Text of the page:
Morikawa relies on TaylorMade’s new P7MC ($1,399 for an eight-club set) for his two mid-irons. The new model lineup, which can best be described as a muscle-cavity combo, was designed with tour players in mind and enhances the brand’s previous generation of P750 irons. Most notably, the P7MC irons feature more mass behind the face, which supports the point of impact but also produces solid feel and better stability through the strike zone.
For his short irons (7-iron through pitching wedge), Morikawa continues to play P730s — classic blades that were born from the initial prototype irons that TaylorMade first created for Rory McIlroy when he made the switch from Nike back in 2017. TaylorMade has since replaced the P730 with the P7MB ($1,399 for an eight-club set), which are muscle-back clubs designed around Dustin Johnson’s prototype tour irons. Forged from 1025 carbon steel with a machine-milled face, these irons have a narrow sole, a thin top line, and are offset even less than their predecessors, the P730s.
AROUND THE GREEN
The leader in strokes-gained around the green, Fabián Gómez, has only 17 measured rounds; but across those 306 holes of golf, he’s bettered the field by almost a full shot. He’s done so through the use of three Vokey SM7 wedges ($149), all of which were unveiled in early 2018. For certain club categories — predominantly drivers and metal woods — three years can represent a significant chasm in technological breakthroughs and engineering-aided performance gains. But golfers generally think of their wedges like they do their putters, which means 3-year-old wedges are far from obsolete if they inspire confidence on delicate chip shots or challenging bunker recoveries.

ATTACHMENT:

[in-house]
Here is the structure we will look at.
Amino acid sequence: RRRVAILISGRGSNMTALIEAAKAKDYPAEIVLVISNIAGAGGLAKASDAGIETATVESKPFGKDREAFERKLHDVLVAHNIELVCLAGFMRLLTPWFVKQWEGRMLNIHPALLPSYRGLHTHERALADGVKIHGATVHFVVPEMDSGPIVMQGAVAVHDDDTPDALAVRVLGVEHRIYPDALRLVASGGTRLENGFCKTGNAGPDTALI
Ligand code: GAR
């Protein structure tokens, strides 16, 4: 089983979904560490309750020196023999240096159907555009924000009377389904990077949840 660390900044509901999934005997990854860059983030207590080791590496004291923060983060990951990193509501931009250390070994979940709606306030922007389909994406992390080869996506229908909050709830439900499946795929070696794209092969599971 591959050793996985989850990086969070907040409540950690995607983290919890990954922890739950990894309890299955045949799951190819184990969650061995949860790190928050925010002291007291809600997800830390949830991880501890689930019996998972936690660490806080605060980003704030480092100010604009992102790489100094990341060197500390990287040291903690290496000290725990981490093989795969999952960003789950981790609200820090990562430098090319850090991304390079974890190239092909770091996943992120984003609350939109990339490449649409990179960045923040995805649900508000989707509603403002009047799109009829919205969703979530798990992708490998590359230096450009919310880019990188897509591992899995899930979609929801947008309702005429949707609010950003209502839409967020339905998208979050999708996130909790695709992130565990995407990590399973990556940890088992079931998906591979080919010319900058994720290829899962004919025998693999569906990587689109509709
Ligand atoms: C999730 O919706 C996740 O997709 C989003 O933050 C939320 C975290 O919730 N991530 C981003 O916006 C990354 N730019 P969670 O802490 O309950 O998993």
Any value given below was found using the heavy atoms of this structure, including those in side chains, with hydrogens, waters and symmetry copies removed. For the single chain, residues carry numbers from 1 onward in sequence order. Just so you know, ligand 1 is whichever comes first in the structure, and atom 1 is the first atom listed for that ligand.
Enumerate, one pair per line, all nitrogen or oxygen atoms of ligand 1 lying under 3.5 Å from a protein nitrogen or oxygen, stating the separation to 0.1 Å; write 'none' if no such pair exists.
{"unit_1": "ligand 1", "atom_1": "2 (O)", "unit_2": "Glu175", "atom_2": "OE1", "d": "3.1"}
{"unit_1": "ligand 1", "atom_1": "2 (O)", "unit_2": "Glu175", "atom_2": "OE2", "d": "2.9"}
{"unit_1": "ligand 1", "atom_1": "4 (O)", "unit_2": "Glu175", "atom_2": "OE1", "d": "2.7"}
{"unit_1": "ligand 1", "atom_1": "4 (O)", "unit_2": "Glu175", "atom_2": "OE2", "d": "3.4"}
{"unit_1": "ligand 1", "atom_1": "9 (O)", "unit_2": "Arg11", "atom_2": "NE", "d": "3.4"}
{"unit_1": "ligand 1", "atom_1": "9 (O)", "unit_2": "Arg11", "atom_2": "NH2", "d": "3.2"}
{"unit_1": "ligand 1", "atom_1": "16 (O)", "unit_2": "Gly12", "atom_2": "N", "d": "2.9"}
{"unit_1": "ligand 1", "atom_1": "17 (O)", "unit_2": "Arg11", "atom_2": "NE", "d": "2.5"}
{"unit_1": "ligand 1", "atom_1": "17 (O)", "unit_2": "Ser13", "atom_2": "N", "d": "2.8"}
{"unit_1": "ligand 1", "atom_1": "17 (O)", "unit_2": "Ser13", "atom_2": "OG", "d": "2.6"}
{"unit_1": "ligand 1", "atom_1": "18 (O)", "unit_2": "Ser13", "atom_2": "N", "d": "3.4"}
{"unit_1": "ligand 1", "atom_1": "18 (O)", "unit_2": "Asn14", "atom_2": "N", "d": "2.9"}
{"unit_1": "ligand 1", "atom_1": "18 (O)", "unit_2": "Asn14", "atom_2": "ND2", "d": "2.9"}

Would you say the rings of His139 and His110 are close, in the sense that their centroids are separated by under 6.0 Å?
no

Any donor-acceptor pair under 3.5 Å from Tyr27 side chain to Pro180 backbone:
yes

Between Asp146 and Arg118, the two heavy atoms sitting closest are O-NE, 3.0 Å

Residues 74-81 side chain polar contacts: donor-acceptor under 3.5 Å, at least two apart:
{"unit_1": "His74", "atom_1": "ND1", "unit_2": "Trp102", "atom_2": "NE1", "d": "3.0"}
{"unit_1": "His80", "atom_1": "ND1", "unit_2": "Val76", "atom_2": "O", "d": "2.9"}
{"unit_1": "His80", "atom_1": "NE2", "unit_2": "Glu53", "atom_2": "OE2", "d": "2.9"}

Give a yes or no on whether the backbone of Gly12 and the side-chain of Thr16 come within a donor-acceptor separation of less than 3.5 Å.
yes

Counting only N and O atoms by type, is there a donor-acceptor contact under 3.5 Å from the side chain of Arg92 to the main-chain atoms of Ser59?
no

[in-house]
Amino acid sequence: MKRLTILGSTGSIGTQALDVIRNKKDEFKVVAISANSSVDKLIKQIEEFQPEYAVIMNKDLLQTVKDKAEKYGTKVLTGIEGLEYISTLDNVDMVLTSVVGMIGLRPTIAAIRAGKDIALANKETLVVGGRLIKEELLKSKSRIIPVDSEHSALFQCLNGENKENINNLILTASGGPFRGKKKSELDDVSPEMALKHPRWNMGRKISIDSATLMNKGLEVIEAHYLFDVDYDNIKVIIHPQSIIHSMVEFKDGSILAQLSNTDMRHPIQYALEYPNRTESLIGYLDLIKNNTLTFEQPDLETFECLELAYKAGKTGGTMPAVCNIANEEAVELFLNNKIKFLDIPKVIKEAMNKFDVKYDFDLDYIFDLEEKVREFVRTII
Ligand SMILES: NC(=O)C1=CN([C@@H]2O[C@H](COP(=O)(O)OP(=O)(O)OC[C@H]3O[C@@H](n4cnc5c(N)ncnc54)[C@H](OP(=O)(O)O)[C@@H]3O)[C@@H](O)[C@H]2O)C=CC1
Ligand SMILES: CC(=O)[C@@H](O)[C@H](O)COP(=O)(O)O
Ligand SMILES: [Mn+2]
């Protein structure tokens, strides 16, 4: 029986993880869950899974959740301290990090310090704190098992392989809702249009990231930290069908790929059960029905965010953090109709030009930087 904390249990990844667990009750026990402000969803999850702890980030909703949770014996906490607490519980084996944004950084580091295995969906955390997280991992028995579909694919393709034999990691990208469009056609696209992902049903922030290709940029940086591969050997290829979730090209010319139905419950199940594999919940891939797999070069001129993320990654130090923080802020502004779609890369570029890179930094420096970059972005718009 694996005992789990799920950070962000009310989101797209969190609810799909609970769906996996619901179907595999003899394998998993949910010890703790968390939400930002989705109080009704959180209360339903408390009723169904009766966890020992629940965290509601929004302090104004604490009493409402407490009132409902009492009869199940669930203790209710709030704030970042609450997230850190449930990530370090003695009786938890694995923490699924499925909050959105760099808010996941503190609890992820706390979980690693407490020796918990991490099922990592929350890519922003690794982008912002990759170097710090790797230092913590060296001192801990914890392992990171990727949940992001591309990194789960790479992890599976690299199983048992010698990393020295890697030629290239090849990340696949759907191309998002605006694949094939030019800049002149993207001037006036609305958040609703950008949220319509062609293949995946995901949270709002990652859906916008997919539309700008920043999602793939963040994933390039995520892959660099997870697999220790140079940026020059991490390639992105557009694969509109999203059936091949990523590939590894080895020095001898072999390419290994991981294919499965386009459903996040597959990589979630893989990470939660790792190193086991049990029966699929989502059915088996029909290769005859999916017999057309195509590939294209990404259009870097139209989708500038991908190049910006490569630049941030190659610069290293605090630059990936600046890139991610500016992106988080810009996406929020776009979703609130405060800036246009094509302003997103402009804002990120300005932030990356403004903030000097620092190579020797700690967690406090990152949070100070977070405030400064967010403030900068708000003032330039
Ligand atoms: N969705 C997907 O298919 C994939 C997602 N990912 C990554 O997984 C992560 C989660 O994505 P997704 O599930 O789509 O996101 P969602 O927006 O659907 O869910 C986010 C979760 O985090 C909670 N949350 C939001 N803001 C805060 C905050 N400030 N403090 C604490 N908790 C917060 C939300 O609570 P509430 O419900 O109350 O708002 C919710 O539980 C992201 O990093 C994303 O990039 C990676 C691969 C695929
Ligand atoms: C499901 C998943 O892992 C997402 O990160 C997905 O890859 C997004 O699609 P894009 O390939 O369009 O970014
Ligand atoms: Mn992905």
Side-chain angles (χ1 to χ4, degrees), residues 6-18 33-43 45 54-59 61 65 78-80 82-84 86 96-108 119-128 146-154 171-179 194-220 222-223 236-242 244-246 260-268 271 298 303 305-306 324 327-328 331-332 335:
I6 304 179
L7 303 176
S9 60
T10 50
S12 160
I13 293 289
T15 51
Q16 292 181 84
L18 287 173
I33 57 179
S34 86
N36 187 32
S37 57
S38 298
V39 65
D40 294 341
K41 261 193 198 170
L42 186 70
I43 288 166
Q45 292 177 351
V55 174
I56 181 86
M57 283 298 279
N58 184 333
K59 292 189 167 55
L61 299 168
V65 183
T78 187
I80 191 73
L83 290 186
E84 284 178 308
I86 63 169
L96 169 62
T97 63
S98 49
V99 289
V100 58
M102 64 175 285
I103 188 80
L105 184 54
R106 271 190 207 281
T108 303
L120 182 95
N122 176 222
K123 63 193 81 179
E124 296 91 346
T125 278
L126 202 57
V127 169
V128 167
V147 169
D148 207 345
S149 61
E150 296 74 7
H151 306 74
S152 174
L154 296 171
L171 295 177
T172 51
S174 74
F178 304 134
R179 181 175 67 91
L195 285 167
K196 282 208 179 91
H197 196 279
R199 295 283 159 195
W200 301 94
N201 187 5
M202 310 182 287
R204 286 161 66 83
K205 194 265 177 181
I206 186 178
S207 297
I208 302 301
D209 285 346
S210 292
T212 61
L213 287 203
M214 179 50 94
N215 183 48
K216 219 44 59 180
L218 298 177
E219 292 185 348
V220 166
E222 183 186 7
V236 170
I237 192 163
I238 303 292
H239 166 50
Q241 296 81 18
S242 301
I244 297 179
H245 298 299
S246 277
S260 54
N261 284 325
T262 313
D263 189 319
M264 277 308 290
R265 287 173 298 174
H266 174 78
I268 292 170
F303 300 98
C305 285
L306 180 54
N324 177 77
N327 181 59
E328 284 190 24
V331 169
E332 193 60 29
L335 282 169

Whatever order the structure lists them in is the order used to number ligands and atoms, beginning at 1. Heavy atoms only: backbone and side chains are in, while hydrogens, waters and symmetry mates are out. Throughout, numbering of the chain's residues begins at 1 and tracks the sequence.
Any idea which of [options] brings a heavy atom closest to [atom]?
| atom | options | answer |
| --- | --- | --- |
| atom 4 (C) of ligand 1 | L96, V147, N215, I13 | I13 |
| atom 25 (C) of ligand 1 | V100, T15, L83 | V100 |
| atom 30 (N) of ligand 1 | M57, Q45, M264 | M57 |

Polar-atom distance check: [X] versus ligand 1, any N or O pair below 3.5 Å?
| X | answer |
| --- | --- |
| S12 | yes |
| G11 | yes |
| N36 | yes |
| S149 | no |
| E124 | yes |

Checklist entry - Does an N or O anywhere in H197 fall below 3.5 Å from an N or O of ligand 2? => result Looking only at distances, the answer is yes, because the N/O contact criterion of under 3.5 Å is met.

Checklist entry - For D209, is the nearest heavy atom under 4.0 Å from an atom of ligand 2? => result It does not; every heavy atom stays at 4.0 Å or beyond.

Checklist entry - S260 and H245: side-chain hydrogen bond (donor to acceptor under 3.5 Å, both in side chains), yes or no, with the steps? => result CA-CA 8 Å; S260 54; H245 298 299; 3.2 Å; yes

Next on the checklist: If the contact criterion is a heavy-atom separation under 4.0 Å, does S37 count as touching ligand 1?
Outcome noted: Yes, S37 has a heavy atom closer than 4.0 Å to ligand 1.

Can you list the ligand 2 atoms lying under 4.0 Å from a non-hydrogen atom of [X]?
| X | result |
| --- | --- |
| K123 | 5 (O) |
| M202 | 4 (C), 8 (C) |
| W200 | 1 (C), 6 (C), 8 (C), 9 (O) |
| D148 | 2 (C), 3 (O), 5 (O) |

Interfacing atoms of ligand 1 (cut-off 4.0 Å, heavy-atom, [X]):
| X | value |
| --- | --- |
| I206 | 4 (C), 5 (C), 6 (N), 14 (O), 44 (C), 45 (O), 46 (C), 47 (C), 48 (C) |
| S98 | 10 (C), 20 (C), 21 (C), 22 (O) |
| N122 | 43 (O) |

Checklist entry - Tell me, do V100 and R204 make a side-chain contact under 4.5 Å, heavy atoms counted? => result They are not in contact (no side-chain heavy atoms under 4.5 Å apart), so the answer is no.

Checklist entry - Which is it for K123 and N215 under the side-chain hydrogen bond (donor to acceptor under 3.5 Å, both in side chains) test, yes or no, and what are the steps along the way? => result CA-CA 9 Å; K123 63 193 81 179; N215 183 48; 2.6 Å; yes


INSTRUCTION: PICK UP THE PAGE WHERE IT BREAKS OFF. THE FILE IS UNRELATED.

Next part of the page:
When they were unveiled three years ago, SM7 wedges could deliver as much as 100 r.p.m. more spin than other wedges on the market thanks to grooves cut to incredibly tight tolerances. They also featured progressive center of gravity locations (determined by the clubs’ varying lofts), which delivered better trajectory and distance control while also improving the wedges’ overall feel. Best of all, they were — and still are — offered in 23 combinations of loft, bounce and grind, which means players who commit to a fitting can swing with confidence knowing that the wedges in their bag are tailored to their own unique swings and preferences.
ON THE GREEN
Up until this point in the PGA Tour season, the strokes-gained putting statistic has been the most closely contested. For the past five weeks, however, Louis Oosthuizen has benefited the most from his work with the flatstick, and gained almost a stroke per 18 holes for the season (across 36 measured rounds).
Currently, the South African is wielding a Ping Vault 2.0 Voss putter ($325) with 3 degrees of loft. The club is precision-milled and enhanced with a custom-weighting system that offers sole weight options in three materials: steel, which delivers a standard head weight; tungsten, which adds an additional 15 grams; and aluminum, which lightens the clubhead by 15 grams. Vault 2.0 putters also feature a face pattern that varies in depth and pitch across the face. Those discrepancies allow off-center strikes to roll at speeds comparable to putts that are hit on the sweet spot. These putters are available in three finishes — stealth (black), platinum and copper. Oosthuizen’s platinum Voss iterant is available as a special order.